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Campaign 2017: What Buffalo's mayoral candidates are doing

Mayor Byron W. Brown opens his campaign re-election headquarters at 5 p.m. today at Court and Pearl streets.

He will also be stopping at the Bridgewater County Club, where the Police Athletic League is having its annual fundraising golf tournament.

The mayor already today continued what's been an almost daily roll-out of public works projects when he stopped at Regina Place and Mohican Avenue to talk about road paving. The site is one of 75 city streets being reconstructed this season.

On Sunday, Brown stopped by the Pride Festival at Canalside. On Saturday, he was at Broderick Park, where he buried a time capsule at the new Lillion Batchelor garden. Also on Saturday, he received an award from the Theater of Youth for the city's support of the Allendale Theatre.

Comptroller Mark J.F. Schroeder's listening tour continues this evening with a community session scheduled for 5 p.m. at the North Park theatre.

Today's event follows a weekend of activity that included Schroeder opening his mayoral campaign headquarters at the corner of South Park Avenue and Chicago Street in the Old First Ward on Saturday.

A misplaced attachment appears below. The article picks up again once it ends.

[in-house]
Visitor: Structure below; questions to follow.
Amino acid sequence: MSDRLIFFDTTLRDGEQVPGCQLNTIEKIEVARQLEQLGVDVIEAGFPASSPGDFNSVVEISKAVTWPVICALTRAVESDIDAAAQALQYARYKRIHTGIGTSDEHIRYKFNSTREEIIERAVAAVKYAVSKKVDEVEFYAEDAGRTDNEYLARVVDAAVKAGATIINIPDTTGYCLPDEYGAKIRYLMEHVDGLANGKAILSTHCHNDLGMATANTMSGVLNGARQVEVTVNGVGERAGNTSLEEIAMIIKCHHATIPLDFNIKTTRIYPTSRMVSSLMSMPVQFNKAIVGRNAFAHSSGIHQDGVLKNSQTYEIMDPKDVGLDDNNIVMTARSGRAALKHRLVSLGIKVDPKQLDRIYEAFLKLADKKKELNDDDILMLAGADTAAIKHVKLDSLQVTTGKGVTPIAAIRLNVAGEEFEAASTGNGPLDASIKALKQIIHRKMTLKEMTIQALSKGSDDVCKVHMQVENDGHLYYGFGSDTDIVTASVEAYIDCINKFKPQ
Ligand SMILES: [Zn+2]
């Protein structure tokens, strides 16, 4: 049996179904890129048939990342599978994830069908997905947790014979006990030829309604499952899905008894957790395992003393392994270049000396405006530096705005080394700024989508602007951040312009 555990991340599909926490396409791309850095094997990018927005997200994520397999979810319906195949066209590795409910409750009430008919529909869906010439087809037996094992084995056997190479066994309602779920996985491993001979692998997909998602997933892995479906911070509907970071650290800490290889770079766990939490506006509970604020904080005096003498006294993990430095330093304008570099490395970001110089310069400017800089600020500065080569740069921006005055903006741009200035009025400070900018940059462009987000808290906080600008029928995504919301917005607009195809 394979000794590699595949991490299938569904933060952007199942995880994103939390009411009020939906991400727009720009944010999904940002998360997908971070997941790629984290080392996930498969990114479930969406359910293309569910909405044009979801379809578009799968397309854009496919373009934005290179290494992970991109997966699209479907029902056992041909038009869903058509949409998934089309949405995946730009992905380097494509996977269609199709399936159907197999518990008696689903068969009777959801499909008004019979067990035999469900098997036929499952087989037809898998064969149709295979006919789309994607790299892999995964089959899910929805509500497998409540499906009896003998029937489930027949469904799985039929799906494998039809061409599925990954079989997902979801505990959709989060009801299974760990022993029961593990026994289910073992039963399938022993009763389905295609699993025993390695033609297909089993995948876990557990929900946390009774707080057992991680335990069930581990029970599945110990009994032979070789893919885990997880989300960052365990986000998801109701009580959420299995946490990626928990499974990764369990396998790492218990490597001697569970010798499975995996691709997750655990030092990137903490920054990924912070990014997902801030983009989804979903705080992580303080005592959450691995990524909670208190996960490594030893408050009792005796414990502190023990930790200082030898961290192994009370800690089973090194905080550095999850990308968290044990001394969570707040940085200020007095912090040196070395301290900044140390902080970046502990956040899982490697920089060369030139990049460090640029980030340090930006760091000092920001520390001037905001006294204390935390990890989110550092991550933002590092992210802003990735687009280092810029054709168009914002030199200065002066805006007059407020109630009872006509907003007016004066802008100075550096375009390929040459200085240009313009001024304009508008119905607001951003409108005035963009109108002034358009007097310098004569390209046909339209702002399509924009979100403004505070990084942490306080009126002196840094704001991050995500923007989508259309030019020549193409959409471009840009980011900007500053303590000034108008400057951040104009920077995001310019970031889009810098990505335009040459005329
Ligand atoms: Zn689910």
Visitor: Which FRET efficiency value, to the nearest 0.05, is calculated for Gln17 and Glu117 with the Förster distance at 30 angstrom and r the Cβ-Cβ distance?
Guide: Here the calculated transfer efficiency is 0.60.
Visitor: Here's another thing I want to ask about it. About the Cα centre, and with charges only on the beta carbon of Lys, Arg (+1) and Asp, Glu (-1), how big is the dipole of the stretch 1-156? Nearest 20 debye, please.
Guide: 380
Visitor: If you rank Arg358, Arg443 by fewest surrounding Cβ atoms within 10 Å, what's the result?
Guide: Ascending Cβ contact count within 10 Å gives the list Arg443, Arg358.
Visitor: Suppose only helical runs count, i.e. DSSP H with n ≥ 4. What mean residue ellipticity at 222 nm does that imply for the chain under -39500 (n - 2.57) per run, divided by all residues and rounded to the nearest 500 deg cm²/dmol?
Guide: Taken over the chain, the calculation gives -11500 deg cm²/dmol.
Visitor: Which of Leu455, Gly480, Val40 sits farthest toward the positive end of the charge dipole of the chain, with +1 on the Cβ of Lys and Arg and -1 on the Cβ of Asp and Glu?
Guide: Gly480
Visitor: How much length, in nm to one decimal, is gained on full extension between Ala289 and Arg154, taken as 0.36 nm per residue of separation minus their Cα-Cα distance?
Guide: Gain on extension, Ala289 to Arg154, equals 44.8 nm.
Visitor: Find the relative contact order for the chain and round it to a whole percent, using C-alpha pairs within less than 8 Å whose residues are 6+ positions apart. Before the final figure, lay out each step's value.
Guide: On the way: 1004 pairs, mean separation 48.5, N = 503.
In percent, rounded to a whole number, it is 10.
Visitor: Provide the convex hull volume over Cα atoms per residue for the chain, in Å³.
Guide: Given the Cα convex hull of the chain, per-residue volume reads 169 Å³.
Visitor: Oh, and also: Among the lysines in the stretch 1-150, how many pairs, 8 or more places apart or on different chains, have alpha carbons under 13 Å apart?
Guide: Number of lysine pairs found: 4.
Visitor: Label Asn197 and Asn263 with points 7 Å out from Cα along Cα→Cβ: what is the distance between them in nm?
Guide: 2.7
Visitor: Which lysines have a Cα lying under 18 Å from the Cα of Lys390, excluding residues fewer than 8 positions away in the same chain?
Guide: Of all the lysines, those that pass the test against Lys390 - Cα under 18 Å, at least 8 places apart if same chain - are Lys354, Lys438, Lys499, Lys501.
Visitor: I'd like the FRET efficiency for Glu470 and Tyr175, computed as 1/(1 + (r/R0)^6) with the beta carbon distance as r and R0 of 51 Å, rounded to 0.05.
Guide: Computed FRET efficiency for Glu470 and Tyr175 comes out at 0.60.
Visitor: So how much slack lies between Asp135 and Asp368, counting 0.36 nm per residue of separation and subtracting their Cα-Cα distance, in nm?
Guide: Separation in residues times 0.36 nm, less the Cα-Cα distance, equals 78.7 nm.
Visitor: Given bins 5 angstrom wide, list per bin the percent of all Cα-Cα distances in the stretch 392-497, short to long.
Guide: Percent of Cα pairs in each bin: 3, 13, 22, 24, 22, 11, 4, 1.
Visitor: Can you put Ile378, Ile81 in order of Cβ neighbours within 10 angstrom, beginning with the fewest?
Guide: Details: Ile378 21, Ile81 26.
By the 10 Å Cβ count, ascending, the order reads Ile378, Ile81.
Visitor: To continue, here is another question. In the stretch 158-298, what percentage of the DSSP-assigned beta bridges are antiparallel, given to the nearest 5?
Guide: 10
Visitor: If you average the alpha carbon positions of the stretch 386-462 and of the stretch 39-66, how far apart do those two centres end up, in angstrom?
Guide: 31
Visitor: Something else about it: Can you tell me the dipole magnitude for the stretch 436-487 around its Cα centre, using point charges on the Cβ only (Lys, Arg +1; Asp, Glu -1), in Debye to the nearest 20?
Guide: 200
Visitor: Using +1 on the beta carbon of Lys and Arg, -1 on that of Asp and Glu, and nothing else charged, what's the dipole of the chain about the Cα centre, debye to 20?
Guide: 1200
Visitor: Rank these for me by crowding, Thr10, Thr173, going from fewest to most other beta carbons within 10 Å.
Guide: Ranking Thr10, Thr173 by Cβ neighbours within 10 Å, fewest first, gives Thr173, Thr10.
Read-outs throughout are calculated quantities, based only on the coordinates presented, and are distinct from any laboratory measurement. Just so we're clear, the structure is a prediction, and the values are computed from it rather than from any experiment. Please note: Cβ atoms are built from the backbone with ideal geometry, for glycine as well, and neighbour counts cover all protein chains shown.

While at the headquarters, Schroeder unveiled the second point of his four-point Compass Plan. Point two focused on the city workforce. Schroeder said that as mayor, he would make sure every department and city agency is headed by qualified professionals with experience and expertise in their field.

Also over the weekend, Schroeder marched in the  Pride Parade and then the South Buffalo Parade of Circles, which celebrates South Buffalo and its Olmsted parks and parkways.

The Committee to Elect Betty Jean Grant is scheduled to meet this evening, when candidate petitions will be handed out to volunteers being asked to collect over 2,000 valid signatures to get the candidate on the September Democratic Primary ballot.

Over the weekend, Grant marched in the Pride Parade, and she also announced on Facebook that, if elected, she would work toward imposing a five-year freeze on tax assessments in high-poverty census tracts in the city.

"This is also one way to slow down gentrification," Grant wrote in a Facebook post.

The candidate also used Facebook over the weekend to post a political resume detailing what she regards as the highlights of her political career.

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